Last Updated: 2015-04-02 01:20:45 UTC
by Brad Duncan (Version: 1)
Angler exploit kit (EK) has changed URL patterns (again) during the past month. I infected a Windows host, so we can take a closer look at what Angler has been up to. First, here are the Angler EK URL patterns noted in traffic from an infected host:
The domains and URLs change frequently, and I had several different URL patterns as I tried several different Windows hosts trying to get a full infection chain. Below is an image of the landing page URL:
Further down in the HTML, you can see some of the obfuscated code that will set off an infection chain of events for a vulnerable host.
Next, Angler EK sends a Flash exploit:
And finally, we have the HTTP GET request Angler EK used to send the malware payload:
The malware payload is encrypted. As early as August 2014, Angler EK has been using a “file-less” infection method, so it won’t write this payload to the disk .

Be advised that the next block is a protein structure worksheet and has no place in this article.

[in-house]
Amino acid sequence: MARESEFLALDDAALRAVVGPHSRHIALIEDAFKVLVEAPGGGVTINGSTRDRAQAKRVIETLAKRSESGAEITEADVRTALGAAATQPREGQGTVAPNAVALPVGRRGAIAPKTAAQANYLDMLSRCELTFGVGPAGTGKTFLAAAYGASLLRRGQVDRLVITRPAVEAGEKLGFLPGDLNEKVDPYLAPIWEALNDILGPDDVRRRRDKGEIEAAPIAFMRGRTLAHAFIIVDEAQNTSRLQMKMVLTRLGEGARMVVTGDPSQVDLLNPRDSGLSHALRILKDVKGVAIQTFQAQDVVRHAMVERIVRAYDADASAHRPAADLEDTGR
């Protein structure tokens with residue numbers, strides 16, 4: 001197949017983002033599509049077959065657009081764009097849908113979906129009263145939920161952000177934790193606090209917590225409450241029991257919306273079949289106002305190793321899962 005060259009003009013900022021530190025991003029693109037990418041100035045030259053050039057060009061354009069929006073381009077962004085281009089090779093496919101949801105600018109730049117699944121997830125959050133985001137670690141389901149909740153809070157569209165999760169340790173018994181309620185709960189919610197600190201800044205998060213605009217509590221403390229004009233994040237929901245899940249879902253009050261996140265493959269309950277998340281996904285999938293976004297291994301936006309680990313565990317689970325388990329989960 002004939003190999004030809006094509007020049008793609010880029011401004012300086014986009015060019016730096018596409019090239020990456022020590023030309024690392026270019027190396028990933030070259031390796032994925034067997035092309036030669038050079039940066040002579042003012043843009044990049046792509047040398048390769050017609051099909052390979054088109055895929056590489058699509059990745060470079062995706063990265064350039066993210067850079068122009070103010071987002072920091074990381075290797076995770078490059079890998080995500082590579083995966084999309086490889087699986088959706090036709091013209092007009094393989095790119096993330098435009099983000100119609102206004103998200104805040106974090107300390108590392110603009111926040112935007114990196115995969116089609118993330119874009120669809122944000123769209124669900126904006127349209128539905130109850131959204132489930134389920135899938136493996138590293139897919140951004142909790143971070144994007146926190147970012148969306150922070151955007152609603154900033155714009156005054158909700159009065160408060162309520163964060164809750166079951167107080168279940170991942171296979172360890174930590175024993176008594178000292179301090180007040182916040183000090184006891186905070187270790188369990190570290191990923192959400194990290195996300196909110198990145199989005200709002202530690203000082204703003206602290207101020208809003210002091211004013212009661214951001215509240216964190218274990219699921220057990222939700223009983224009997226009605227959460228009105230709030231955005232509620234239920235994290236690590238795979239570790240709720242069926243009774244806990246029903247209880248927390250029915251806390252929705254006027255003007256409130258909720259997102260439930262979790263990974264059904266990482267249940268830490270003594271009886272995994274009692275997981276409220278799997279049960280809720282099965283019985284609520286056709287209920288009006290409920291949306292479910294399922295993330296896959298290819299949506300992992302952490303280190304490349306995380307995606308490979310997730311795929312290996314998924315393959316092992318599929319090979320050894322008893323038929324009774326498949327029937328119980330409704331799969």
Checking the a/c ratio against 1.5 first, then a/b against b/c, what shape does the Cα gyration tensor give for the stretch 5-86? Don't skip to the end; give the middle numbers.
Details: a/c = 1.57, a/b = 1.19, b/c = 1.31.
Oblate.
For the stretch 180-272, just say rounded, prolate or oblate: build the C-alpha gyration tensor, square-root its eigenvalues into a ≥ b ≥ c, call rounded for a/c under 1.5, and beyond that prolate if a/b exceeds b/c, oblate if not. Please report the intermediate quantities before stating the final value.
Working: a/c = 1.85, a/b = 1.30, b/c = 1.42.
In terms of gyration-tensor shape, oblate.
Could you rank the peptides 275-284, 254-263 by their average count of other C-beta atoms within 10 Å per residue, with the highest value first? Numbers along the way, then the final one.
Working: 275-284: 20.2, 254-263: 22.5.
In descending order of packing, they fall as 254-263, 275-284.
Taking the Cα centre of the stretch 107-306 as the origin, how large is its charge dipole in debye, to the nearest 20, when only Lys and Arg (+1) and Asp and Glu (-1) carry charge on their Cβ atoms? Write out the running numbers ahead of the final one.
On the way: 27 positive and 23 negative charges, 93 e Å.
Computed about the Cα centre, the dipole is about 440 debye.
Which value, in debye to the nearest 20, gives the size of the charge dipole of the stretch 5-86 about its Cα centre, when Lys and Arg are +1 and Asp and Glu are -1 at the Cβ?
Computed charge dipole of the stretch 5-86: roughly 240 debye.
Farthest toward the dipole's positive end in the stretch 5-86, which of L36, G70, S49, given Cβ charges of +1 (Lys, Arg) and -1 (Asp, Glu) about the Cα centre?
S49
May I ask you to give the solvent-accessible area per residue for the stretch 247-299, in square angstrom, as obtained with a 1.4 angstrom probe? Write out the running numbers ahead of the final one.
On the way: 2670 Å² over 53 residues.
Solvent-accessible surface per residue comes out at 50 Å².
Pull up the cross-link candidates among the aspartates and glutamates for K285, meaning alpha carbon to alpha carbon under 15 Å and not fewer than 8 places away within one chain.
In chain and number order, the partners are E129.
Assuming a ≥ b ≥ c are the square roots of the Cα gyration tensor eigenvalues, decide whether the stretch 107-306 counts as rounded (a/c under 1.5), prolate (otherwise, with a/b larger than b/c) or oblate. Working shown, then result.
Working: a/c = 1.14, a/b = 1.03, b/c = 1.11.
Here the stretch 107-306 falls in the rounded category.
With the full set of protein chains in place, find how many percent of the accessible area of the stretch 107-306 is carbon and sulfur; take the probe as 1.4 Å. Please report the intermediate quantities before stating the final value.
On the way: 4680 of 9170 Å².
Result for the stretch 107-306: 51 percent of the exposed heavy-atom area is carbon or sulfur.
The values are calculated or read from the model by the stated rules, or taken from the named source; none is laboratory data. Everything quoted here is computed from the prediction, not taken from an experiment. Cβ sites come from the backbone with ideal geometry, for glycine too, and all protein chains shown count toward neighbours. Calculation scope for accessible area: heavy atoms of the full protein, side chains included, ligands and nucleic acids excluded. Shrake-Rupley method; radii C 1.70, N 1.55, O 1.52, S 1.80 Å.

However, artifacts are left behind after the infection. Why? The infected host needs to keep the malware persistent on the system after a reboot. Below are some of the files, directories, and registry keys used to keep the malware persistent on this infected host:
The persistent malware is usually named after a legitimate system file, in this case: dhcpcsv.dll
You can find a copy of this malicious file at: https://malwr.com/analysis/ZjIxOTViNjM2N2YzNGQ1YWI1NzNlYjkzZjI0ZTEyMjQ/
What about traffic from the infected host? Below is a screenshot of the Angler EK and post-infection traffic from Wireshark:
Using Security Onion to monitor the infection traffic, you’ll find alerts typical for Angler EK followed by Bedep. Microsoft has an entry in the company’s threat encyclopedia that describes Bedep, and it matches the patterns seen during today’s infection traffic .
I have a similar example of this Angler/Bedep traffic from 2015-04-01 available at: http://malware-traffic-analysis.net/2015/04/01/index.html
Keep monitoring your networks. Compromised websites are everywhere, and this type of traffic happens more often than you think!
Brad Duncan, Security Researcher at Rackspace
Blog: www.malware-traffic-analysis.net - Twitter: @malware_traffic